November 7, 2019

As we witness everyday reminders that “Never Again” is right now, it’s become clear that stories of Japanese American WWII incarceration matter today more than ever. Last year we launched an artist-in-residence program that allowed us to collaborate with some amazing artists to spread that message far and wide. We continued that program in 2019, and we’re excited to share a look at the incredible work this year’s artists have created.

Mari Shibuya

Mari Shibuya is a fourth generation Japanese American who lives and works as a facilitator, muralist, and artist in Seattle. As a facilitator, Mari focuses on the power of creativity, arts-based practices and storytelling as an avenue for empowering individuals to find their voice, create connection, inspire transformation and develop leadership. As an artist, she strives to create work that reflects on our interconnectedness and makes space for us all to contemplate the forces that give rise to our human experience. “We are the lived expression of the migration of our ancestors,” she says. “The decisions they made in response to the times that they existed in birthed the present day we experience and inhabit, physically, psychically and emotionally. They are the roots from which we grow.”

Portraits of three Japanese American families painted by Mari Shibuya.

For her 2019 Densho residency, Mari created a piece that charts three Pacific Northwest Japanese American families’ stories. She explains: “The photos featured beneath the portraits outline each families’ origin in Japan, their immigration story, their incarceration story and the process of cultural assimilation into ‘America.’ What aspects of Japanese culture remain to create the culture of what it means to be Japanese American are highlighted in each constellation indicated by the red threads connecting the past to the present.”

These pieces grew out of three Intergenerational Dialogues Mari hosted with Densho in June and interviews she conducted with each family. “What resulted, portraits of resilience, repression, joy and grief, and the fact that inherent to the experience of being Japanese American is the embodiment of the Japanese concept of ‘Gaman,’ meaning ‘enduring the seemingly unbearable with patience and dignity.’ We heal the past by weaving the pain that our ancestors endured into our lives and holding it, grieving it and celebrating their resilience in the face of adversity.” 

Brynn Saito

Brynn Saito is a Korean American and Japanese American poet, educator, and organizer, born and raised in Fresno, CA. She is the author of two books of poetry, Power Made Us Swoon (2016) and The Palace of Contemplating Departure (2013), winner of the Benjamin Saltman Award, and a finalist for the Northern California Book Award. She also co-authored, with Traci Brimhall, the chapbook Bright Power, Dark Peace (2016). Along with Fresno artist, farmer, and writer, Nikiko Masumoto, Brynn co-founded and co-directs Yonsei Memory Project (YMP), utilizing arts-based inquiry to generate dialogue connecting the WWII incarceration of the Japanese American community with current struggles for justice.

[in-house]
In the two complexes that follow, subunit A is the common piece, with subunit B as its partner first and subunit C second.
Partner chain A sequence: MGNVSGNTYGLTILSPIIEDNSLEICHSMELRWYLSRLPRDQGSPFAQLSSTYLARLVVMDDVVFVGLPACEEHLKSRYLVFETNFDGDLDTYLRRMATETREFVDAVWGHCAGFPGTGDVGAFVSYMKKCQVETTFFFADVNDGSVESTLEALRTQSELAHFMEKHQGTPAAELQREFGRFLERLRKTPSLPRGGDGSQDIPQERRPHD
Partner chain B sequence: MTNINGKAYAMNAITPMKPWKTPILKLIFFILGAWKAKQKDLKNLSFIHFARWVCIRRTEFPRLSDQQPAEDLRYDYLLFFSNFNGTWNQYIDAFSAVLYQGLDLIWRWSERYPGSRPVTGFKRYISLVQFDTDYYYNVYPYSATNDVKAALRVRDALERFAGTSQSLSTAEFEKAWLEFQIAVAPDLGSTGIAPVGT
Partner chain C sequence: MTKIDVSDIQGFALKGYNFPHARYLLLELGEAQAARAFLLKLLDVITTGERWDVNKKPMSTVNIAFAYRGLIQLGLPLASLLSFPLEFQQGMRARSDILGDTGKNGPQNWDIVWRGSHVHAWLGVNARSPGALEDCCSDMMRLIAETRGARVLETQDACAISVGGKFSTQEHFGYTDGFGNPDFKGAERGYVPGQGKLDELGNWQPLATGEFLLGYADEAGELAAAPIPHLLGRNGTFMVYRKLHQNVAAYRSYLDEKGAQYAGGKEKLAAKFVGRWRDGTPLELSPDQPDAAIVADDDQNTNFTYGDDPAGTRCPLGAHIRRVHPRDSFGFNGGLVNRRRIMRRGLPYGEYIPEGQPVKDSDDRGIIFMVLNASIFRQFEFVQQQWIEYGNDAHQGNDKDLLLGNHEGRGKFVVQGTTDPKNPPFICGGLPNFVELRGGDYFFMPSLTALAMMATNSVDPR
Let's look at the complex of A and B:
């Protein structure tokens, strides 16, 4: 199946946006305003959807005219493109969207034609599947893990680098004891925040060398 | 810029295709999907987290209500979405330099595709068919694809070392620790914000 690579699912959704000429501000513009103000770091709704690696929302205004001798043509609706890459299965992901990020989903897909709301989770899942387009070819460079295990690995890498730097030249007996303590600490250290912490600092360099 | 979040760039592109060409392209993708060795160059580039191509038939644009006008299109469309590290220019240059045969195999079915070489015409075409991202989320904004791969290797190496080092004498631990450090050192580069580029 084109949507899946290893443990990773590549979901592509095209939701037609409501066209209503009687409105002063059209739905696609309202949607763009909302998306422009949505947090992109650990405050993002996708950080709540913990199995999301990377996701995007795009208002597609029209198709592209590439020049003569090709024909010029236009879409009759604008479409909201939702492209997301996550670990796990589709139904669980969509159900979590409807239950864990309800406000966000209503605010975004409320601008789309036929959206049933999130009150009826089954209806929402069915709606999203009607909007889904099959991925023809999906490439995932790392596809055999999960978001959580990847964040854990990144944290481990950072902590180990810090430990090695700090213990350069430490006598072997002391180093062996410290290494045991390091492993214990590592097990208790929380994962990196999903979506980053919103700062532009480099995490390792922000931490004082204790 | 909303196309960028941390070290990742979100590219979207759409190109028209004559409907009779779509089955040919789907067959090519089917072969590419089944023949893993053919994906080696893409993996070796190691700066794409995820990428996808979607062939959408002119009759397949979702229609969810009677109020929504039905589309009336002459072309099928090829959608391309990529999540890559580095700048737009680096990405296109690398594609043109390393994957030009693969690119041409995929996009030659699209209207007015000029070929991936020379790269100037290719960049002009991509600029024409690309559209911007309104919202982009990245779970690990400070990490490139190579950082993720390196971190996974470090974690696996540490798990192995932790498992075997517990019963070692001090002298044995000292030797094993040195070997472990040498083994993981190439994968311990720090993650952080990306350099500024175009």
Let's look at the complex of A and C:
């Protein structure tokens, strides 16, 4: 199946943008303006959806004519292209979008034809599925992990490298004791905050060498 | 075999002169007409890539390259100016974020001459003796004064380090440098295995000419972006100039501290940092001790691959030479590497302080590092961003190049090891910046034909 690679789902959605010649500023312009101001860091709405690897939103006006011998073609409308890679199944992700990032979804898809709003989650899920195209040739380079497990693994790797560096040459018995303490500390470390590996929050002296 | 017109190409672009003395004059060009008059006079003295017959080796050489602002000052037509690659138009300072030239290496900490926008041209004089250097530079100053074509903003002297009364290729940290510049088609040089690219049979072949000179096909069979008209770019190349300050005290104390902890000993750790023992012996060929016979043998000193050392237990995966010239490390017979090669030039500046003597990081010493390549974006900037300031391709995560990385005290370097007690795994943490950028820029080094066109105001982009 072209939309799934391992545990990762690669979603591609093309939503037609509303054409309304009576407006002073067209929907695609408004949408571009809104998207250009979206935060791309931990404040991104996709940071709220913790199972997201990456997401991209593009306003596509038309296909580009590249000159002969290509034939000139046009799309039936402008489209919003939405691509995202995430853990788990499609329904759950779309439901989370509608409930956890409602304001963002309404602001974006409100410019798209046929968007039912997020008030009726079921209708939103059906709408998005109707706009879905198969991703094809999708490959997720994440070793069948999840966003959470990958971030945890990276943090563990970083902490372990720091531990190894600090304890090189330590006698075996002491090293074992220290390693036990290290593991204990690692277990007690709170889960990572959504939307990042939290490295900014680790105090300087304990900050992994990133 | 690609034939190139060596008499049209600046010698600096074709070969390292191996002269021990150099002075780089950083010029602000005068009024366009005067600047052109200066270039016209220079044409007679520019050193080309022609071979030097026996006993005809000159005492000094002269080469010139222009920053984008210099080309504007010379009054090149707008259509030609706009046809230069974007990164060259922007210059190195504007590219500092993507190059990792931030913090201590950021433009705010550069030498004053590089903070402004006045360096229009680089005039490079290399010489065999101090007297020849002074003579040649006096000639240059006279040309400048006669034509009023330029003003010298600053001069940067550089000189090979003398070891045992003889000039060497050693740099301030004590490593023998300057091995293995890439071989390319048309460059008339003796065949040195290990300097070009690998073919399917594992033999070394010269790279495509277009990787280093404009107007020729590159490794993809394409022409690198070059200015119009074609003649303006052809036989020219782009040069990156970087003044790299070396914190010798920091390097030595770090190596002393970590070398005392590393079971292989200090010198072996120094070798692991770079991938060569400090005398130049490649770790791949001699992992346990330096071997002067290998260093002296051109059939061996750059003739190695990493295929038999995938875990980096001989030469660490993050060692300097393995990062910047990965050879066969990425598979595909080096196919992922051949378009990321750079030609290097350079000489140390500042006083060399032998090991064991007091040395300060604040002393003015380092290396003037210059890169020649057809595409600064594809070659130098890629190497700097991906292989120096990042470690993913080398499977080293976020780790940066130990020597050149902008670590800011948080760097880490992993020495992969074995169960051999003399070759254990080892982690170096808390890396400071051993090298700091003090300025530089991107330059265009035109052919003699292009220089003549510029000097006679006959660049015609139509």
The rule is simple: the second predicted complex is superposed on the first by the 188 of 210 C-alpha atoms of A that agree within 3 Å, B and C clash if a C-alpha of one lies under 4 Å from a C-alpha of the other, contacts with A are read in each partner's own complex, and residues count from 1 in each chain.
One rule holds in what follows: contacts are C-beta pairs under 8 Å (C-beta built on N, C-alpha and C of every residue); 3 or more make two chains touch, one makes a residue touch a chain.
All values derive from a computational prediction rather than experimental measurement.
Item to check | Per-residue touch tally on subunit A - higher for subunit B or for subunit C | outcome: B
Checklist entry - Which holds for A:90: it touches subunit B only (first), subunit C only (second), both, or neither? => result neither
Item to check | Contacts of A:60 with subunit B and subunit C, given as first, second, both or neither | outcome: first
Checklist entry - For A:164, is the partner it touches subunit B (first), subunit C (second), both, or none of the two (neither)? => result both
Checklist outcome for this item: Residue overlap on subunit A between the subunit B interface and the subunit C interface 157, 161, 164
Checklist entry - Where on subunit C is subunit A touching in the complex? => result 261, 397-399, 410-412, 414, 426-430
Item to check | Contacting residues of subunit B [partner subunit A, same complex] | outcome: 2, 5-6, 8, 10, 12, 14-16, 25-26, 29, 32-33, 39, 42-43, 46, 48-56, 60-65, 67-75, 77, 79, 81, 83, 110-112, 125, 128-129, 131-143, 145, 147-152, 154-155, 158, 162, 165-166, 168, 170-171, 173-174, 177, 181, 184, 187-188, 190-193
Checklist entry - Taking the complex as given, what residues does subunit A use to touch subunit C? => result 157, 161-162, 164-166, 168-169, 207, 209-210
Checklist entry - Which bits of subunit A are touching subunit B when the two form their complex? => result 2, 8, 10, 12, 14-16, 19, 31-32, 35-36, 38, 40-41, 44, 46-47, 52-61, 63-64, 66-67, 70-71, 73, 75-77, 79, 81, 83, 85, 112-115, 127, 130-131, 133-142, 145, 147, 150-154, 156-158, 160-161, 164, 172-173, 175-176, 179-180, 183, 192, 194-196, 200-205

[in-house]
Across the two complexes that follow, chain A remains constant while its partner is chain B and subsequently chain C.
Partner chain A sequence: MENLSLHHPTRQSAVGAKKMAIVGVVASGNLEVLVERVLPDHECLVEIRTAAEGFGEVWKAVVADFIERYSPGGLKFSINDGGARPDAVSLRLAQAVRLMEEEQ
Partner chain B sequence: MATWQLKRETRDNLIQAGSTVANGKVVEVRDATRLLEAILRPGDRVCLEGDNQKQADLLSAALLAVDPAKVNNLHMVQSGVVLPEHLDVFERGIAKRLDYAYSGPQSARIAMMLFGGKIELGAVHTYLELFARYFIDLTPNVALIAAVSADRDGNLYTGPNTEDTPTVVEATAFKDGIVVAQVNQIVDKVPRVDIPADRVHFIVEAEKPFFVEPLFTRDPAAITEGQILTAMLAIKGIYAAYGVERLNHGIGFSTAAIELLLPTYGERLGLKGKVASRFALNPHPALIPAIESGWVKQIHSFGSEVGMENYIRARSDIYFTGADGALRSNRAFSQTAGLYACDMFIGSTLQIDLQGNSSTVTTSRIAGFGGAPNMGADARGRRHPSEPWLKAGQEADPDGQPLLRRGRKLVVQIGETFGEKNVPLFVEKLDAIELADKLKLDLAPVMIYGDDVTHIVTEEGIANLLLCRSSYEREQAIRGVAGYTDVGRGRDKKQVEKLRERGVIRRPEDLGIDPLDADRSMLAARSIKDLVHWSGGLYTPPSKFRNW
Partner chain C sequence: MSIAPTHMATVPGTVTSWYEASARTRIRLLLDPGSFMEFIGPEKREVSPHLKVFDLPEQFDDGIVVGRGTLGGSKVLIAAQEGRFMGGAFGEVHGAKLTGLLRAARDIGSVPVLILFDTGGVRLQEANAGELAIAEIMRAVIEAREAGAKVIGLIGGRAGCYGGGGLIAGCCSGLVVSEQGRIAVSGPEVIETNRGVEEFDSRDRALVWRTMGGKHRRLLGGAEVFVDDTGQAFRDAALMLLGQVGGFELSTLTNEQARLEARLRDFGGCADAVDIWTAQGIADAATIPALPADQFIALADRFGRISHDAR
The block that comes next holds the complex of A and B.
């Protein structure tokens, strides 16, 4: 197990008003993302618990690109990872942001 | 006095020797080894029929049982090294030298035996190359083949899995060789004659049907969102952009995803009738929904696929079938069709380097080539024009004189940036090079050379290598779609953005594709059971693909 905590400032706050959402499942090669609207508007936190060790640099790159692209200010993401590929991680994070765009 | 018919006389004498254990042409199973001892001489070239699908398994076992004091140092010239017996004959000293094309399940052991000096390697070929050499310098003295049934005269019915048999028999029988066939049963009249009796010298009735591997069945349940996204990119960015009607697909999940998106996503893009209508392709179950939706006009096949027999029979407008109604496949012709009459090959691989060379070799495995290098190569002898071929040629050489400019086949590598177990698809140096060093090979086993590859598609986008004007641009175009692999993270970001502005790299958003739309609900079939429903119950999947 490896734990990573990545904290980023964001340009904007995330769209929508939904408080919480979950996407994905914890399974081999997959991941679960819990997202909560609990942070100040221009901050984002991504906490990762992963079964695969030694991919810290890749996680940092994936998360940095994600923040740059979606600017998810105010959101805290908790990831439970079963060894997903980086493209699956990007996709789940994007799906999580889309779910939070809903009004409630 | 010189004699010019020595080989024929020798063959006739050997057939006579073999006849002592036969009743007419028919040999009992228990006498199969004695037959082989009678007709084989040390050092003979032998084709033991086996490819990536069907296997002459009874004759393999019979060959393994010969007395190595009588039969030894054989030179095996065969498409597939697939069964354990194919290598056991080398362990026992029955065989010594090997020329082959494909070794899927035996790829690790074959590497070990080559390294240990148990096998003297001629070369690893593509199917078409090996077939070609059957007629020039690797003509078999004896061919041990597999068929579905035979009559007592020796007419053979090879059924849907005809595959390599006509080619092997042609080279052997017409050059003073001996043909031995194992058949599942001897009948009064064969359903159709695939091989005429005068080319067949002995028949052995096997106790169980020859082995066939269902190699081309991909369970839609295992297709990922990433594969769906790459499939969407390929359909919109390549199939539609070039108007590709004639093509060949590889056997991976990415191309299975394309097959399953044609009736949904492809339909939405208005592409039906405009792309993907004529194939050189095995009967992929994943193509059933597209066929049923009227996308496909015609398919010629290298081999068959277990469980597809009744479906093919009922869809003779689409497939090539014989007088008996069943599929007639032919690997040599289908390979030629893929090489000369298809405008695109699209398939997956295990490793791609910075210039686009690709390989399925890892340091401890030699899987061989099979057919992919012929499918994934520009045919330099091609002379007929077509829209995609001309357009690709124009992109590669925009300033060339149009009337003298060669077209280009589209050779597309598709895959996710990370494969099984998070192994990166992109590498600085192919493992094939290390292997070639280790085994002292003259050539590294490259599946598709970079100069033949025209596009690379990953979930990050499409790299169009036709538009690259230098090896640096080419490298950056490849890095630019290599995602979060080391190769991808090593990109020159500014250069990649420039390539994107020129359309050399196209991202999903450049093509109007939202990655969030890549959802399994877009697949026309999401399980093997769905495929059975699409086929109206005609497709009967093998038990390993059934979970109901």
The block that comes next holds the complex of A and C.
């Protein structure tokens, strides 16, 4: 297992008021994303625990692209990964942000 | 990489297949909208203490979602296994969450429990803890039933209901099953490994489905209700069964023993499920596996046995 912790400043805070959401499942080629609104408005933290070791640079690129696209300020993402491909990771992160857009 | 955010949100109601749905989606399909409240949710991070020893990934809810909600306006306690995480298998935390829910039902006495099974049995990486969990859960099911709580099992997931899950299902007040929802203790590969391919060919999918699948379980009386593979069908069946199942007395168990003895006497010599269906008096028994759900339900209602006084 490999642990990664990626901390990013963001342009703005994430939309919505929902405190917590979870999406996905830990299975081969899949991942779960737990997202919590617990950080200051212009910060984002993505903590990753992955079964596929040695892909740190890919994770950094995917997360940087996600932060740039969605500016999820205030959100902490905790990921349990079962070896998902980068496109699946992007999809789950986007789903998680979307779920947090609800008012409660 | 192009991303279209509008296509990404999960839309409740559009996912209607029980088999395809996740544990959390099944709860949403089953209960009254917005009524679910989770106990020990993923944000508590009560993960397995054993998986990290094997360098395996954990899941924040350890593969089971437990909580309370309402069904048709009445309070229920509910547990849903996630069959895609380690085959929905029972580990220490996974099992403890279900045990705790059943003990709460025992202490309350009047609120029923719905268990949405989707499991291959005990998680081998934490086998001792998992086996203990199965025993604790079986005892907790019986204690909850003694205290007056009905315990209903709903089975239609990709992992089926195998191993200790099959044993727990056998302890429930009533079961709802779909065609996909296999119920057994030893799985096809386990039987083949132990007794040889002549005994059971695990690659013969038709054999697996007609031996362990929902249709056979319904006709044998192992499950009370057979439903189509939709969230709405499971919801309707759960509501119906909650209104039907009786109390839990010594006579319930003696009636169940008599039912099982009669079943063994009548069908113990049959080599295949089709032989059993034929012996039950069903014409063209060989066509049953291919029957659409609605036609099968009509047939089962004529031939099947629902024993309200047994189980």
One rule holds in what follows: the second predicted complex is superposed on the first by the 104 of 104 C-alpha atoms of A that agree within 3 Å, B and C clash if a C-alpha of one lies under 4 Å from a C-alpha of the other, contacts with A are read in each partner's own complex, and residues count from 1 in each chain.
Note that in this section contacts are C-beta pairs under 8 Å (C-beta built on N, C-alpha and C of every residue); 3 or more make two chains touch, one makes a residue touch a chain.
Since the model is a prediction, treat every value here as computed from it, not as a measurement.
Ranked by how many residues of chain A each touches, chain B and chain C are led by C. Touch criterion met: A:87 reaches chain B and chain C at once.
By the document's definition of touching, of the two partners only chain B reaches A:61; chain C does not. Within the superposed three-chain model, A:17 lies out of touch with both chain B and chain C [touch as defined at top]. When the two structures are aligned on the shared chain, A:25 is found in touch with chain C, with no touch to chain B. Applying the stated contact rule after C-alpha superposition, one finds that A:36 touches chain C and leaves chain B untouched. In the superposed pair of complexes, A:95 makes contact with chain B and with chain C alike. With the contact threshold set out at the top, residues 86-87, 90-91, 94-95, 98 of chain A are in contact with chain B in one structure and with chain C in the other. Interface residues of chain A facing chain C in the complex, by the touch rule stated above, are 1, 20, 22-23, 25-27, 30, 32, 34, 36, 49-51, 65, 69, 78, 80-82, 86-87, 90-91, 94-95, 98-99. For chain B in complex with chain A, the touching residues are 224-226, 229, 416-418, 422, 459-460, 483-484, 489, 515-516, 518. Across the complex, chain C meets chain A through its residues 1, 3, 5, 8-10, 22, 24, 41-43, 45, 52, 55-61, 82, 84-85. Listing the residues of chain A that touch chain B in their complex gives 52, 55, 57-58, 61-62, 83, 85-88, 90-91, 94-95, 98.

Process notes, poem drafts, images from the Densho Digital Repository, cranes, and quotes pinned to Brynn’s studio walls at the Santa Fe Art Institute’s “Truth and Reconciliation Residency,” where she assembled the “Dear — ” project.

Brynn writes, “In the spring of 1942, my grandmother, Alma Teranishi, and my grandfather, Mitsuo Saito, were forced from their homes in California’s Central Valley and sent to a concentration camp built on the sovereign land of the Gila River Indian Community in southern Arizona. They met, married, and had a daughter while imprisoned. Along with approximately 120,000 Japanese immigrants and Japanese Americans on the West Coast of North America, Mitsuo and Alma were imprisoned in yet another massive, illegal violation of freedom in a federally-authorized act later attributed to ‘race prejudice, war hysteria, and a failure of political leadership.'”

This past summer, almost eight decades later, Brynn visited the ruins of the Gila River concentration camp with her father. In the time immediately after that personal pilgrimage, she wrote letters to family and friends reflecting on the legacy of the WWII incarceration. Brynn’s project, “Dear — “, is a living archive of those letters and responses, and she invites readers to write their own letters as well. In February 2020, Brynn will hold a community reading and letter-writing workshop commemorating Day of Remembrance and launching the online letter archive and a chapbook of poems, images, and letters.

The ArtsFund Multicultural Arts Project and The Seattle Office of Arts & Culture generously provided support for this artists-in-residence program. Thank you, to these local programs for their meaningful impact and for helping us to engage our community through art!

Header image: An interactive art-activism installation curated by Erin Shigaki at Seattle’s Hai! Japantown festival in August 2019 — one of several smaller-scale art projects we were able to support through our 2019 Densho Artist Initiative.